A Musical Companion: A Guide to the Understanding and Enjoyment of Music

By John Erskine | Go to book overview

ORCHESTRAL MUSIC OF MANTKINDS

CHAPTER I
MAINLY OF SUITES

I HAVE ANALYSED the symphony at some length, for it is by far the most important branch of orchestral music, a subject not to be dismissed in a few generalizations. By comparison with it the many other forms, though of immense interest in themselves, are less significant. Since the days of the "Sinfonia avanti l'opera," suites, overtures, rhapsodies, variations, divertimentos, serenades, tone-poems, symphonic poems, dances, impressions, ballets, preludes, fantasias, capriccios, marches, scherzos, idylls, scenes, romances, music for string and wind combinations, and many other examples of orchestral art have multiplied to a bewildering extent. To classify them all here would give my narrative the appearance of a telephone directory--which would be fair neither to the reader nor to myself.

In pre-symphonic days the orchestral repertoire was very limited indeed. There were a few suites, overtures, fantasias, ballets, concertos for strings, by Purcell, Lulli, Corelli, Bach, Handel, and others, and little else. Music for strings largely occupied the attention of these composers, and much of what was written still graces the programs of the twentieth century. The Concerti Grossi by Handel and Corelli are masterpieces of classical design and beauty; their frequent performance testifies to their worth. Nor must we forget those many beautiful string pieces by Purcell. Of Bach's Brandenburg concertos and of Handel "Water Music" mention has already been made.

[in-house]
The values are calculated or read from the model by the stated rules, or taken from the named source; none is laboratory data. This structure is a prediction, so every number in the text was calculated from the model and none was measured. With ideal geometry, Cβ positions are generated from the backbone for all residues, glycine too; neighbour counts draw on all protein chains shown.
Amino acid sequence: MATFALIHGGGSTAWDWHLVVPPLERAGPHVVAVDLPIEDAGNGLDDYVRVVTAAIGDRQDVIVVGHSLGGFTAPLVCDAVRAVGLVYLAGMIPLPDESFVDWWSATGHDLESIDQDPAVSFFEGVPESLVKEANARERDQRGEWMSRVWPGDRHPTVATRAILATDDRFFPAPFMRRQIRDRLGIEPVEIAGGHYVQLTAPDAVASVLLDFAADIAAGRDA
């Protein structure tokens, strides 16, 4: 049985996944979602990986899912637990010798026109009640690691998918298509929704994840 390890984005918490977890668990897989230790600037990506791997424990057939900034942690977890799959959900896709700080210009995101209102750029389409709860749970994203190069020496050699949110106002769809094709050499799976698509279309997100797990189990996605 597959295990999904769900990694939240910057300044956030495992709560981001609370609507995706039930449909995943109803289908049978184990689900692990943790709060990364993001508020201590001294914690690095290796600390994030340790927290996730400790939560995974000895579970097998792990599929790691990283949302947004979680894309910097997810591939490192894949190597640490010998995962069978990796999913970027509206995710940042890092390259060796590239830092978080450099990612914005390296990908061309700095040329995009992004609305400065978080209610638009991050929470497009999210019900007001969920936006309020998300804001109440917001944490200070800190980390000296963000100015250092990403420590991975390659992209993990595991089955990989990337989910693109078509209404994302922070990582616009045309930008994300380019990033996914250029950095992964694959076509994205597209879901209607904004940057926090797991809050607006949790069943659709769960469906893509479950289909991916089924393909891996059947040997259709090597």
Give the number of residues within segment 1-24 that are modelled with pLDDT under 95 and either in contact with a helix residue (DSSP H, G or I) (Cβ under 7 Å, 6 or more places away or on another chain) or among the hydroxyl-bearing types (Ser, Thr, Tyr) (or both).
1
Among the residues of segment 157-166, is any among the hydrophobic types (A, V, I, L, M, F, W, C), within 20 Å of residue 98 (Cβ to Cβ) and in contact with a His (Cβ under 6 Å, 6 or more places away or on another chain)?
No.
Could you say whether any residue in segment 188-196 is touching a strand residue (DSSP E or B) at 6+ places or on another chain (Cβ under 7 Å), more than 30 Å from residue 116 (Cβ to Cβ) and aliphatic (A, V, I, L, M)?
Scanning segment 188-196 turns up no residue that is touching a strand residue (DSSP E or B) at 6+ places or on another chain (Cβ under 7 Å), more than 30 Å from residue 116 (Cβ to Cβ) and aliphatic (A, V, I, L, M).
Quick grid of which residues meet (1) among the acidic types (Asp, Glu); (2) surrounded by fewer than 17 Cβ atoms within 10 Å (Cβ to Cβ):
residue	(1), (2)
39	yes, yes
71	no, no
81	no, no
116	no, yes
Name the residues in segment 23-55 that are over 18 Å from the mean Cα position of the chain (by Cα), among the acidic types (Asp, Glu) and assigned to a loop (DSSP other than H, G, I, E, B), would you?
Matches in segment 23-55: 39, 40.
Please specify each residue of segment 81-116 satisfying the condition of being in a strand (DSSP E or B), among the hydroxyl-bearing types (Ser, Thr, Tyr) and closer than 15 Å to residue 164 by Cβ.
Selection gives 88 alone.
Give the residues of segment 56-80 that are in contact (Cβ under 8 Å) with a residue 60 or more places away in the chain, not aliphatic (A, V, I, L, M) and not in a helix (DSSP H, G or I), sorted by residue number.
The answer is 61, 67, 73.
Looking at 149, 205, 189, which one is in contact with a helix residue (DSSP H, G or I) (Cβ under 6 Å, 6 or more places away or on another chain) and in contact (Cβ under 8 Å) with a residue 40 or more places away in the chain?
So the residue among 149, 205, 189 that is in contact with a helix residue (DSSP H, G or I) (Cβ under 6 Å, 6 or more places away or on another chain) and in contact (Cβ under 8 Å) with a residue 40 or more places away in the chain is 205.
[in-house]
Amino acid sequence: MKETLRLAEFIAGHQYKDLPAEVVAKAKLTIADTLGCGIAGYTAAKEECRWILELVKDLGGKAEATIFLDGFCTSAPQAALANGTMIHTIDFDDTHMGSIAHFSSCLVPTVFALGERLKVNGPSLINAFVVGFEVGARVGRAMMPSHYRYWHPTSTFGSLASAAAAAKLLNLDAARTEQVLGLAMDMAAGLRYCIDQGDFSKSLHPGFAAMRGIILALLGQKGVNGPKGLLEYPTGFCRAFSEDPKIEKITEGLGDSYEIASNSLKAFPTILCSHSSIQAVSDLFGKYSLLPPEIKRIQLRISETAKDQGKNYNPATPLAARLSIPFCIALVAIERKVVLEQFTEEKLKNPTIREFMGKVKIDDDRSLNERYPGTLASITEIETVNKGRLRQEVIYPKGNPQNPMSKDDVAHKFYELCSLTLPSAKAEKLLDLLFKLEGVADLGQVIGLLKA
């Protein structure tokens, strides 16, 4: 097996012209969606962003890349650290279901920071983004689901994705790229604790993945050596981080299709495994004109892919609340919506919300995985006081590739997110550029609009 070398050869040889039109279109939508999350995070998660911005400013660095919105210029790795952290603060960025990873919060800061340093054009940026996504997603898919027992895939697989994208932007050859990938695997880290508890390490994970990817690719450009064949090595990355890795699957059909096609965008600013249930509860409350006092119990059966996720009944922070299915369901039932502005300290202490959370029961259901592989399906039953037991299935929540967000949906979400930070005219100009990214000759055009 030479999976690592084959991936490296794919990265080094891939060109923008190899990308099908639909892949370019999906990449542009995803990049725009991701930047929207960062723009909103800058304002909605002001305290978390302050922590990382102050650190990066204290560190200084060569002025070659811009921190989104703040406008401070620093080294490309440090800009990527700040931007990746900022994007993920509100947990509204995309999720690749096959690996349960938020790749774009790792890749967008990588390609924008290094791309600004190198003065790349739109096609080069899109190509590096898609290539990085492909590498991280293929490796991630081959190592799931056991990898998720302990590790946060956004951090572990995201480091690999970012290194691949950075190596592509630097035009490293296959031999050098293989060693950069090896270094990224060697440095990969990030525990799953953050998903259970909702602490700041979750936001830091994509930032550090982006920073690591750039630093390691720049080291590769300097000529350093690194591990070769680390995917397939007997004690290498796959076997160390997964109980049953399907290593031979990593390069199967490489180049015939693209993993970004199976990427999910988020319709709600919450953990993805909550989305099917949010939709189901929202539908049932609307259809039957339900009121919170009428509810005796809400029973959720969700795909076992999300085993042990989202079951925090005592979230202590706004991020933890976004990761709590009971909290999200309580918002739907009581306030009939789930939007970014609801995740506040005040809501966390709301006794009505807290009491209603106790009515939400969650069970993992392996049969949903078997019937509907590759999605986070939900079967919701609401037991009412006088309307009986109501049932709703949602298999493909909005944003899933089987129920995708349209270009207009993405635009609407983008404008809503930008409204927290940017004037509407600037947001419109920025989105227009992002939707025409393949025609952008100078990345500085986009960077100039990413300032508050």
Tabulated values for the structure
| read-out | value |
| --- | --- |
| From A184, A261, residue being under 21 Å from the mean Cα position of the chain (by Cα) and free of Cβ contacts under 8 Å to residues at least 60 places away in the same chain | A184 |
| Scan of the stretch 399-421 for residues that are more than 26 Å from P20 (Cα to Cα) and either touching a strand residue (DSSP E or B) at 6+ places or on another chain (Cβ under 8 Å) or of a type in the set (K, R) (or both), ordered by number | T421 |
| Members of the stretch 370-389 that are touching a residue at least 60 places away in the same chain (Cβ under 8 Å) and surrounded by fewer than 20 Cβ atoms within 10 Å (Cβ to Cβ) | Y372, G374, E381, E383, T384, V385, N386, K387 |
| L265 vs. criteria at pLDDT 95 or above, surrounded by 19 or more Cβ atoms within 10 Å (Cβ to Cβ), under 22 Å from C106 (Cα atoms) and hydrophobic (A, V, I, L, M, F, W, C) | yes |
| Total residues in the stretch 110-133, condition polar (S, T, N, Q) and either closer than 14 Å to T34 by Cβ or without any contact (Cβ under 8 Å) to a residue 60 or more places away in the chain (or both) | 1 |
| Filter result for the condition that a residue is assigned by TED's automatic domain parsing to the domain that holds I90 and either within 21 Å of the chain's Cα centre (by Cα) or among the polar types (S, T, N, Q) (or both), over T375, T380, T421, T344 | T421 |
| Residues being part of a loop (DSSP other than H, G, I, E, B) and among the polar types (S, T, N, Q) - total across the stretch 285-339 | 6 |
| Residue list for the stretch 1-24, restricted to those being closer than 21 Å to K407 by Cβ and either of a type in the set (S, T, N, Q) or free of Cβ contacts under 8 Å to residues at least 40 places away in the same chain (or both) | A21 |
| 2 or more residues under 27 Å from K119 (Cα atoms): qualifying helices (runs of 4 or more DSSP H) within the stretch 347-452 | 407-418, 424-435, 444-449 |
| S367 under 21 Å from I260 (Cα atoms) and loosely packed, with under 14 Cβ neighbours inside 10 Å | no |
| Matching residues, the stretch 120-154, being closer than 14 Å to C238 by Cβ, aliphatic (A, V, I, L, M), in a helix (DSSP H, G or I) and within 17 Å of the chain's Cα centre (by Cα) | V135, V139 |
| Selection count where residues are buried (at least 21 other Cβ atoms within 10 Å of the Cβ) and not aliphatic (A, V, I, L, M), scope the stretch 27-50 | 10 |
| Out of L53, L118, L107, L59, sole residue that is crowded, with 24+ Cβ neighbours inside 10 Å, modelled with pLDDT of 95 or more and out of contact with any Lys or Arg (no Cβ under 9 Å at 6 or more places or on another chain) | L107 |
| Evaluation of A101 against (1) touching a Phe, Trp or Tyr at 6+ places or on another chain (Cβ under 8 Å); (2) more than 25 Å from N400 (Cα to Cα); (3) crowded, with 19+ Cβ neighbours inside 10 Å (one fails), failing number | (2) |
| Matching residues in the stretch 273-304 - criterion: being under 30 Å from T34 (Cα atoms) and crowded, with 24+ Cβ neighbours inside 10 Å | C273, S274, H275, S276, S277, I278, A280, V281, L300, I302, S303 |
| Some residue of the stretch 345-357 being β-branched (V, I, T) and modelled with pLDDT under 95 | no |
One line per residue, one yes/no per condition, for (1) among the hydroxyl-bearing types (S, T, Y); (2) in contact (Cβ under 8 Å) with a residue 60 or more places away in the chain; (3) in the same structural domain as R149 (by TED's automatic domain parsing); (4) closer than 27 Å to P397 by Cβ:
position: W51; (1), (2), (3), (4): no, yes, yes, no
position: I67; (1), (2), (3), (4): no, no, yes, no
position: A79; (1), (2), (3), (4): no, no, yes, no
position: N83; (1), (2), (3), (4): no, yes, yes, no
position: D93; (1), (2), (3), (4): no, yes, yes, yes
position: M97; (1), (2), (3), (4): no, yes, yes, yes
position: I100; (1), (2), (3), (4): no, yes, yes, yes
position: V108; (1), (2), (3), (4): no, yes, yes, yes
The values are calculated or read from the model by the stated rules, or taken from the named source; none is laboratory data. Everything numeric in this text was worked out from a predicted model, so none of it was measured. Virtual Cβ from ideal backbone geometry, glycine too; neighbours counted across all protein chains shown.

Bach, in company with Corelli, Handel, and others of his time, may be said to have perfected the older suite form. But, if we except those by Bach, the true orchestral suite as we now know it was the product of a later age. There was, too, an intermediate post-symphonic stage of the suite when Mozart wrote many under the titles of Divertimento

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A Musical Companion: A Guide to the Understanding and Enjoyment of Music
Table of contents

Table of contents

  • Music *
  • Title Page i
  • Acknowledgment iii
  • Introductory Note v
  • Contents ix
  • Book I - The ABC of Music 1
  • Musical Notation 3
  • The Fundamentals of Music 19
  • Form 27
  • The Orchestra and Other Instruments 39
  • Book II - The Orchestra and Orchestral Music 53
  • The Rise of the Orchestra 55
  • The Expansion of the Orchestra 78
  • The Orchestra as Instrument 93
  • Orchestral Music; "Absolute" Music and the Symphonists 130
  • Orchestral Music of Mantkinds 174
  • Book III - Opera 189
  • How Opera Arose 191
  • The Eighteenth Century 207
  • From Mozart to Wagner 223
  • From Verdi to the Present Day 241
  • Book IV - The Human Voice 259
  • By Way of Introduction 261
  • The Polyphonic Period 268
  • English Song 284
  • Folk-Song 294
  • Oratorio and Other Choral Music 301
  • European Song in the Nineteenth Century 314
  • Vocal Music in the Twentieth Century 330
  • Book V - Chamber Music 341
  • Before Beethoven 343
  • From Beethoven to Brahms 364
  • National Schools 382
  • Britain 405
  • Modernism 421
  • Book VI - The Solo Instrument 431
  • Keyboard Instruments 433
  • Pianoforte and Violin Sonatas and Duets 468
  • The Violin in Solo and Concerto 477
  • The Violoncello and the Viola 490
  • Glossary and Index 501
  • A Short Glossary of Musical Terms 503
  • Index 517
  • A Note on the Type In Which This Book is Set 552
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